Global Health Experts Warn That Someone Commits Suicide Every 40 Seconds

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In a groundbreaking new review of suicide rates around the world, officials from the World Health Organization (WHO) have confirmed that more than 800,000 people take their own lives each year — which means that someone commits suicide every 40 seconds.

The findings, published on Thursday, mark the first time the global health agency has issued a report about suicide prevention. “This report is a call for action to address a large public health problem, which has been shrouded in taboo for far too long,” Margaret Chan, the WHO’s director general, said in a statement.

WHO found that people commit suicide all over the world, although 75 percent of these deaths occur among people from poor or middle-income countries. While people over the age of 70 are the most likely to end their lives, suicide is also the second leading cause of death among young people between the ages of 15 and 29.

The global health experts ultimately want to reduce the suicide rate by 10 percent over the next six years — but they note accomplishing that goal will involve much more coordinated efforts to address the issue. Right now, just 28 countries have a national suicide prevention strategy in place, and the stigma surrounding mental health issues dissuades many people from asking for help.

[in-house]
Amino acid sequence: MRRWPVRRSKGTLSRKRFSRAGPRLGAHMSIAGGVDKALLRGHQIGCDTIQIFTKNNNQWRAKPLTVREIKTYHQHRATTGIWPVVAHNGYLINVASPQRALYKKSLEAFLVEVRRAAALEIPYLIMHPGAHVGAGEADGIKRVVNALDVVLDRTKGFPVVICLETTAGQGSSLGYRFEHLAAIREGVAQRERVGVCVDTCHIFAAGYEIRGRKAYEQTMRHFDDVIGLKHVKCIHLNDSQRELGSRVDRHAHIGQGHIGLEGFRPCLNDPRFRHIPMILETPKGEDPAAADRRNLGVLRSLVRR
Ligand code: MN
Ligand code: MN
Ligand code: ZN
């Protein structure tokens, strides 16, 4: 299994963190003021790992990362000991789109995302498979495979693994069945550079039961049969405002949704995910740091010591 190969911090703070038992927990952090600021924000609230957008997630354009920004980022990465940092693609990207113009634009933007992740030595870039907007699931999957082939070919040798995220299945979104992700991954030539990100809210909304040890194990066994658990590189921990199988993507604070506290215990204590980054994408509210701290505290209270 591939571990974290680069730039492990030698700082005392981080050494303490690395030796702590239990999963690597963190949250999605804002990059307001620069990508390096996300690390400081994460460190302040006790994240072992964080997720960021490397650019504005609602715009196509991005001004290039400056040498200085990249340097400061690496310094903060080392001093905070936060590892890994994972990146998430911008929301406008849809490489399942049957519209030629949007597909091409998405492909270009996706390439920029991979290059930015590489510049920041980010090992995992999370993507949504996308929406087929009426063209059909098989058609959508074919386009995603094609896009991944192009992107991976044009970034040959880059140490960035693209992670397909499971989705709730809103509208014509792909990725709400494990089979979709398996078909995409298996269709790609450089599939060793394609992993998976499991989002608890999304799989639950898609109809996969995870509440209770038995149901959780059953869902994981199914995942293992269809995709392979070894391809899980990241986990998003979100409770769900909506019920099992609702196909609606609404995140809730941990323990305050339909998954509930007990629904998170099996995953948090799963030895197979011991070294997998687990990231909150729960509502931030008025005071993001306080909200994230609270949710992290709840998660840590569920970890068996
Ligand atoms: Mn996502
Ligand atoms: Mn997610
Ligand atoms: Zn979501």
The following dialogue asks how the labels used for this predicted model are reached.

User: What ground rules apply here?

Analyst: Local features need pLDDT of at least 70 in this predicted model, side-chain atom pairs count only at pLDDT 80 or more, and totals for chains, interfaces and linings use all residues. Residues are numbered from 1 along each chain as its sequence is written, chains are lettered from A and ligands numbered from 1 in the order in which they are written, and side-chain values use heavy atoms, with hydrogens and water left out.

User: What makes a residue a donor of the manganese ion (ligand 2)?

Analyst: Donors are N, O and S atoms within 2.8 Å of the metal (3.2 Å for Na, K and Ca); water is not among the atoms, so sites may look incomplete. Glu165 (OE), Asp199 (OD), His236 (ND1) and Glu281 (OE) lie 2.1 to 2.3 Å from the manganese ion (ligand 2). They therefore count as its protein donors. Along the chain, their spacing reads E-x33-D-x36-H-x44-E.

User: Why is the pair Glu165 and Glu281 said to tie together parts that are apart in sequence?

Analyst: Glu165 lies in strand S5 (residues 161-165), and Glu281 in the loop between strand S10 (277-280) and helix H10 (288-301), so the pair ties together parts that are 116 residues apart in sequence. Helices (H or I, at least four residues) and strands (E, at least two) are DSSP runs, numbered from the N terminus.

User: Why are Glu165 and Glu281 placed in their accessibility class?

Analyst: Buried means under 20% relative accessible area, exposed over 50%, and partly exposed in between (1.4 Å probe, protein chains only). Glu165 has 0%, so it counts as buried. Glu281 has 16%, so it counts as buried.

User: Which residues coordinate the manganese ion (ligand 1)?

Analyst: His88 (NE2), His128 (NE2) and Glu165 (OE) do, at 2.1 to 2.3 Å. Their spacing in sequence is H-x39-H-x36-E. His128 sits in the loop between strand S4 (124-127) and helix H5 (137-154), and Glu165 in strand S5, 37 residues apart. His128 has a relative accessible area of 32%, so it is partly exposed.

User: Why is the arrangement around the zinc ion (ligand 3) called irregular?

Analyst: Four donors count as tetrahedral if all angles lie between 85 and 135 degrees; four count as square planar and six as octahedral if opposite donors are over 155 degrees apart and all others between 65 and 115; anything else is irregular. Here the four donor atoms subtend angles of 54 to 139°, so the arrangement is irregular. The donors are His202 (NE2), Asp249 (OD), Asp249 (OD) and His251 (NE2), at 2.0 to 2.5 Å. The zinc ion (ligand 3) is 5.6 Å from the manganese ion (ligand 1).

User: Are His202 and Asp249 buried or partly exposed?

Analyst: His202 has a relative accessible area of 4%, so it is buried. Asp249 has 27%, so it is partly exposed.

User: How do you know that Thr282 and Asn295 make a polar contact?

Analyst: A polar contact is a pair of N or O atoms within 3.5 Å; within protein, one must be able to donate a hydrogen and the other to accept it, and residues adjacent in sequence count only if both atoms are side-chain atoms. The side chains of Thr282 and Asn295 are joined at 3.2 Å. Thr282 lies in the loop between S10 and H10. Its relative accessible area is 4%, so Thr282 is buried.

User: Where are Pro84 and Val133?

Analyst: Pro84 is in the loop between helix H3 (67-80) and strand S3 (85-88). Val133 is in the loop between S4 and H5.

To start, there are a couple simple steps that more countries could be taking. Integrating regular mental health check-ups into primary care can help connect people with the services they need before it’s too late. The WHO report also found evidence from Australia, Canada, Japan, New Zealand, the United States, and several European countries suggesting that limiting access to the tools people use to take their own lives — like guns and poison — can effectively prevent people from following through with suicide.

Among the number of people killed by guns, many more of those deaths actually result from suicide than from homicide. Several studies have found that fewer guns ultimately equal fewer suicides. The American Academy of Pediatrics recommends removing firearms from the home entirely if the kids who live there are struggling with depression; the national doctors’ group says that locking them up simply doesn’t go far enough.

The WHO report also issues a call to action for the media, urging outlets to responsibly report on suicide deaths and refrain from sensationalizing the specific methods by which people kill themselves. Earlier this summer, after beloved actor and comic Robin Williams committed suicide, some media outlets garnered criticism for reporting too much specific detail about his death, which can trigger copycat suicides. Even some of the well-meaning tributes to the celebrity that became popular online sparked concerns among suicide prevention experts. WHO encourages more countries to develop national media guidelines for covering suicide attempts.

“We know what works. Now is the time to act,” Dr. Shekhar Saxena, the director of the Department of Mental Health and Substance Abuse at WHO, said in a statement.

If you need help, the National Suicide Prevention Lifeline is available 24 hours a day at 800-273-8255.